Pistols I Have Known...and Still Own
These are all but one of the pistols I write about most often.
The two silver-color (hard chromed) 1911s are essentially identical, and were used in practical-shooting competition from 1978 through 1999. One of them now has a shorter trigger, for Jean's use. Their trigger pulls are both about 3.5 lbs. Their grips are buffalo horn. Chuck Ries did the pistolsmithing.
The "Officers' Model" is an Essex frame and a cut-down Colt's Commander slide, and was made in about 1978, also by Chuck Ries. Its grips were made by new gunsmith James Reid from counter-top acrylic (and they match our kitchen).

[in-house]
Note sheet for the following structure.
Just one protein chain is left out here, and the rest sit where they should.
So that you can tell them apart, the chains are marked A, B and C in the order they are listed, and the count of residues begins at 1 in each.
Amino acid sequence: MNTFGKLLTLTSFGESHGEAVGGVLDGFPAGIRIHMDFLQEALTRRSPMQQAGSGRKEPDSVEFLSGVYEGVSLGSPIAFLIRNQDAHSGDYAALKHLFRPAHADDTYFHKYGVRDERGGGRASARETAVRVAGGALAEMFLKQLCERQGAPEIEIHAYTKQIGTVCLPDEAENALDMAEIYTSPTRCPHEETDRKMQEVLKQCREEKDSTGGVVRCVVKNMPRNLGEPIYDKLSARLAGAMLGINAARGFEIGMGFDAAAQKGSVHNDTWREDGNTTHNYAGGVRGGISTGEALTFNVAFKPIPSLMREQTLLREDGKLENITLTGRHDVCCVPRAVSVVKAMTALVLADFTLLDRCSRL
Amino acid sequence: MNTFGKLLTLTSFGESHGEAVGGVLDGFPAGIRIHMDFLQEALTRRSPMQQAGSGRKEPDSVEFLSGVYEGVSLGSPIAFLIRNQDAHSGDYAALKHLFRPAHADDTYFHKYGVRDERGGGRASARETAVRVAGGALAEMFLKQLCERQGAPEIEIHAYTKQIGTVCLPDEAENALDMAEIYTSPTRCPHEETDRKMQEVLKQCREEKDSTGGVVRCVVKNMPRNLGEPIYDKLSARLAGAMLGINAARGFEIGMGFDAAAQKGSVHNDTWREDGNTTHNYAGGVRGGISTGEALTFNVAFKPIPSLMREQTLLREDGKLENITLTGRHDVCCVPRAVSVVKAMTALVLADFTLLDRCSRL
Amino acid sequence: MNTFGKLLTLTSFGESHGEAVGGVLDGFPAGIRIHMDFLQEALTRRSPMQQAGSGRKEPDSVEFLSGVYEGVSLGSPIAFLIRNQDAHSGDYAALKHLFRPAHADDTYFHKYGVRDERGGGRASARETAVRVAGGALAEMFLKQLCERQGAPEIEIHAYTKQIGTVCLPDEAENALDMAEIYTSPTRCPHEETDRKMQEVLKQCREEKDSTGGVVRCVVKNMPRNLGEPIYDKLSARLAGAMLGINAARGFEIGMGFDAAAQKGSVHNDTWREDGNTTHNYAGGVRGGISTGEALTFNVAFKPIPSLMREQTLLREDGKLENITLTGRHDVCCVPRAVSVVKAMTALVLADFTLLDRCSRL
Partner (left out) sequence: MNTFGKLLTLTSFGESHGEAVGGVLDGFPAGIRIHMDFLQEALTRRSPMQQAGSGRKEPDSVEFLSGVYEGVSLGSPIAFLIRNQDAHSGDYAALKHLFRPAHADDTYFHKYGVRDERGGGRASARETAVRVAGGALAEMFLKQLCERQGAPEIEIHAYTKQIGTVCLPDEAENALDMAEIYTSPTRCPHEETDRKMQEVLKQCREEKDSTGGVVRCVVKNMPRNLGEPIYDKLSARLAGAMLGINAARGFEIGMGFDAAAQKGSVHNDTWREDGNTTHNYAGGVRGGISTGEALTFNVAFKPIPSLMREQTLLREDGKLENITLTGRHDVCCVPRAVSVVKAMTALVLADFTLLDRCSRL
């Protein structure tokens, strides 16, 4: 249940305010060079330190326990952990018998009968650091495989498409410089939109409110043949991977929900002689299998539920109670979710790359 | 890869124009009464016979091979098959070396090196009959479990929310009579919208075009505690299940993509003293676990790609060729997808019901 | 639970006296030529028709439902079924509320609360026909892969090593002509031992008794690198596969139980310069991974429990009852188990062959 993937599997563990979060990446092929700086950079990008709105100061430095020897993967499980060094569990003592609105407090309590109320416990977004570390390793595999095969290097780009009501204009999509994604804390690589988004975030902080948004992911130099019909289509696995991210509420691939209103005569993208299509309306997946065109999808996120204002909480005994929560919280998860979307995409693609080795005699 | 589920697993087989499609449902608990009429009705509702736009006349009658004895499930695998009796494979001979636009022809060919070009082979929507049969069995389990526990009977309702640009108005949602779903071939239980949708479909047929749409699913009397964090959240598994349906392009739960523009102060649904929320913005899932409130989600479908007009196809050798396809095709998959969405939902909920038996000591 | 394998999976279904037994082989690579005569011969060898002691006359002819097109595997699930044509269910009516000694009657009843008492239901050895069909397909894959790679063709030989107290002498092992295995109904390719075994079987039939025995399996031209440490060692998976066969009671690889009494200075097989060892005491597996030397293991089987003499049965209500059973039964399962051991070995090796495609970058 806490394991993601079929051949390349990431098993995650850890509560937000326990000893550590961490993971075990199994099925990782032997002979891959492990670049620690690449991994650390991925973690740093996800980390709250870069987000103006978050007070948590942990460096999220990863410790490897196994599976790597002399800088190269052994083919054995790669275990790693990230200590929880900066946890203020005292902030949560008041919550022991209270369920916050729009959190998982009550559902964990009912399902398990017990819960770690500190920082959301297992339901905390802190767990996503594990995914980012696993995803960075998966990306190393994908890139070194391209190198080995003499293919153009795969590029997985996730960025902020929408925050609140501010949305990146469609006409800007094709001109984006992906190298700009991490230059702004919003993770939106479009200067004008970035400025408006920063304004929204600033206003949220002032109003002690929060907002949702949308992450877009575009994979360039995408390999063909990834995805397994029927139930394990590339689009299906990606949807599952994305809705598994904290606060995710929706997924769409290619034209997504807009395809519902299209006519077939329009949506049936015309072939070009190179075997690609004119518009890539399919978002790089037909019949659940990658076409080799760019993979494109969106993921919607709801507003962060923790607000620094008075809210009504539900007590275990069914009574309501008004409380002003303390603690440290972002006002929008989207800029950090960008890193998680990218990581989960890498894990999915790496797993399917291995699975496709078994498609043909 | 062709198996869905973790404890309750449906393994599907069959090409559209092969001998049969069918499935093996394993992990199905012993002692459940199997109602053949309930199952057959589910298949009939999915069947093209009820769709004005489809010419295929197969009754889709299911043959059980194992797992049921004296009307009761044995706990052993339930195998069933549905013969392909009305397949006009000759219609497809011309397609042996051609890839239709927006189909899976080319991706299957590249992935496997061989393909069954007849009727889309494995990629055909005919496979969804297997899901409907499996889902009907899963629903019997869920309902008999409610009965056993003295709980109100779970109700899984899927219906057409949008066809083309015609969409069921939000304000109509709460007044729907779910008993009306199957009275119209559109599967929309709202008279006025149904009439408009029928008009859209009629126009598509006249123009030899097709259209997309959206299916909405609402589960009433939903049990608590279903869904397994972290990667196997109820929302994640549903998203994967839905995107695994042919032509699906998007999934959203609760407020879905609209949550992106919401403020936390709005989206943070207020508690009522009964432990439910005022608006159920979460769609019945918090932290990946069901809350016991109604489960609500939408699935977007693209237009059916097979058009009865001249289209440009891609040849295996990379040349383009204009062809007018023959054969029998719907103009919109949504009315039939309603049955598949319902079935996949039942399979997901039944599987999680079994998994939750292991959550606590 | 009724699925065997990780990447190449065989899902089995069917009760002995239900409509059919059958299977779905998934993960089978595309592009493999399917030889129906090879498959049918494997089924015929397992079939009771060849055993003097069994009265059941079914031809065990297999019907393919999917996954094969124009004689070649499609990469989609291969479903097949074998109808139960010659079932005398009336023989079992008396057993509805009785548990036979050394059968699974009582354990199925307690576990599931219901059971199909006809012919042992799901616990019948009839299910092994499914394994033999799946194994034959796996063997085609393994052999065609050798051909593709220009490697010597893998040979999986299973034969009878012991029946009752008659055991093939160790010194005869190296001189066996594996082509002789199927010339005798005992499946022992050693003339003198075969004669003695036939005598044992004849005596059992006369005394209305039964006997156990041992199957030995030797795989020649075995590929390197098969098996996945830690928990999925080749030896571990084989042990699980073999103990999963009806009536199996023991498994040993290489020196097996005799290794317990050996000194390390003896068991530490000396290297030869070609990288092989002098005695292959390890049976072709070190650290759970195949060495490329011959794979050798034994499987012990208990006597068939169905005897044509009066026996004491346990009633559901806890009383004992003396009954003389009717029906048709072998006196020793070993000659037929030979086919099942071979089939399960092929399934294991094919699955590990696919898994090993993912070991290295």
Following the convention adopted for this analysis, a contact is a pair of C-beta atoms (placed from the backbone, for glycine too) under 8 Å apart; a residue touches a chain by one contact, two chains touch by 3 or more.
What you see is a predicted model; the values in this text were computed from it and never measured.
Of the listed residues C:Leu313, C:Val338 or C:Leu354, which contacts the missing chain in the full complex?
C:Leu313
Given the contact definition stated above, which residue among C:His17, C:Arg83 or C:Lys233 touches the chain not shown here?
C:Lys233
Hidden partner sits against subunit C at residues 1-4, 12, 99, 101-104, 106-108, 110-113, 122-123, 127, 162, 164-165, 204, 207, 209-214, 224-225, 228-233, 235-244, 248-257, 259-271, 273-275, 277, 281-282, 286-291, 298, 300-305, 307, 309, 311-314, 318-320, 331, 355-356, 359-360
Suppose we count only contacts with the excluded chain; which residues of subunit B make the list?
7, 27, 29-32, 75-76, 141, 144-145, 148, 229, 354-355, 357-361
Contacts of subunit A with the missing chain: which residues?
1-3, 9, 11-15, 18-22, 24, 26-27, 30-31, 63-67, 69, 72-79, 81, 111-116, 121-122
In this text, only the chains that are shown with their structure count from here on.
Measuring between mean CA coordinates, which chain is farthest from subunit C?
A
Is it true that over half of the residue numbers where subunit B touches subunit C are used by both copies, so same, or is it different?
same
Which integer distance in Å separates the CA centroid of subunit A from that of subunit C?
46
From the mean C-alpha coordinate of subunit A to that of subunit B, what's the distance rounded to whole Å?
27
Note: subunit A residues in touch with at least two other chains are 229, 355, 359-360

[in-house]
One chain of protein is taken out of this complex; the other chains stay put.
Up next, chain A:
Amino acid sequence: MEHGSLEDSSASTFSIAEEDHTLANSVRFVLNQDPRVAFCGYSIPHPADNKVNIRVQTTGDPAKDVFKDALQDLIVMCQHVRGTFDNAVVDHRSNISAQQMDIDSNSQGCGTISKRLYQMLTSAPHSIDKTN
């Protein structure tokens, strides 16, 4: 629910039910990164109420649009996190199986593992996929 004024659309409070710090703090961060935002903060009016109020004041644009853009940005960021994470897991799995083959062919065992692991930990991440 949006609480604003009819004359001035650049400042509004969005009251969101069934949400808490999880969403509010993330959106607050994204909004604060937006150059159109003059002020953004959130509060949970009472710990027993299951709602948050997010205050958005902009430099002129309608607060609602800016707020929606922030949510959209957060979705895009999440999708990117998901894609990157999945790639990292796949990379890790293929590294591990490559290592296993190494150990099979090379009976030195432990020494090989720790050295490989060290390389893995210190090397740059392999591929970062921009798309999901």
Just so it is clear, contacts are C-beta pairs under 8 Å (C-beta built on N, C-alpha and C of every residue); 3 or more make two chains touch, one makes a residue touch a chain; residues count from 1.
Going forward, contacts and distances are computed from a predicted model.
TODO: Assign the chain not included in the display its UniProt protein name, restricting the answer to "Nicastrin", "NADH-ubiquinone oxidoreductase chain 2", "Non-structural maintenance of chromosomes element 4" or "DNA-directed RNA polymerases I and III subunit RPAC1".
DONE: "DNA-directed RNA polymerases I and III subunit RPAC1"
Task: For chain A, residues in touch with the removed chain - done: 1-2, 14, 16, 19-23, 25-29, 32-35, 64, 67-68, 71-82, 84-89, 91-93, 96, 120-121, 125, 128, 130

The vertical pistol is the Semmerling LM-4 I "inherited" from my mentor, Mike Harries. It's a manually operated .45, not a semi-auto. Its barrel is a replacement (but I have the original, too).
This is the other one. It's resting on one of our kitchen's counter-tops.
It's an AMT .45 Backup, the smallest .45 ACP semi-auto ever made. It's my daily pocket-carry piece.
It has a stiff DA-only trigger, which I smoothed up quite a lot. It carries five in the magazine and one in the chamber, and I normally pocket one reload for it. It has a gutter down the top of its slide, rather than sights, but it's quite accurate at short ranges (for me, that's 20 yards, maximum).
New gunsmith James Reid made its silver-black Dymondwood grips.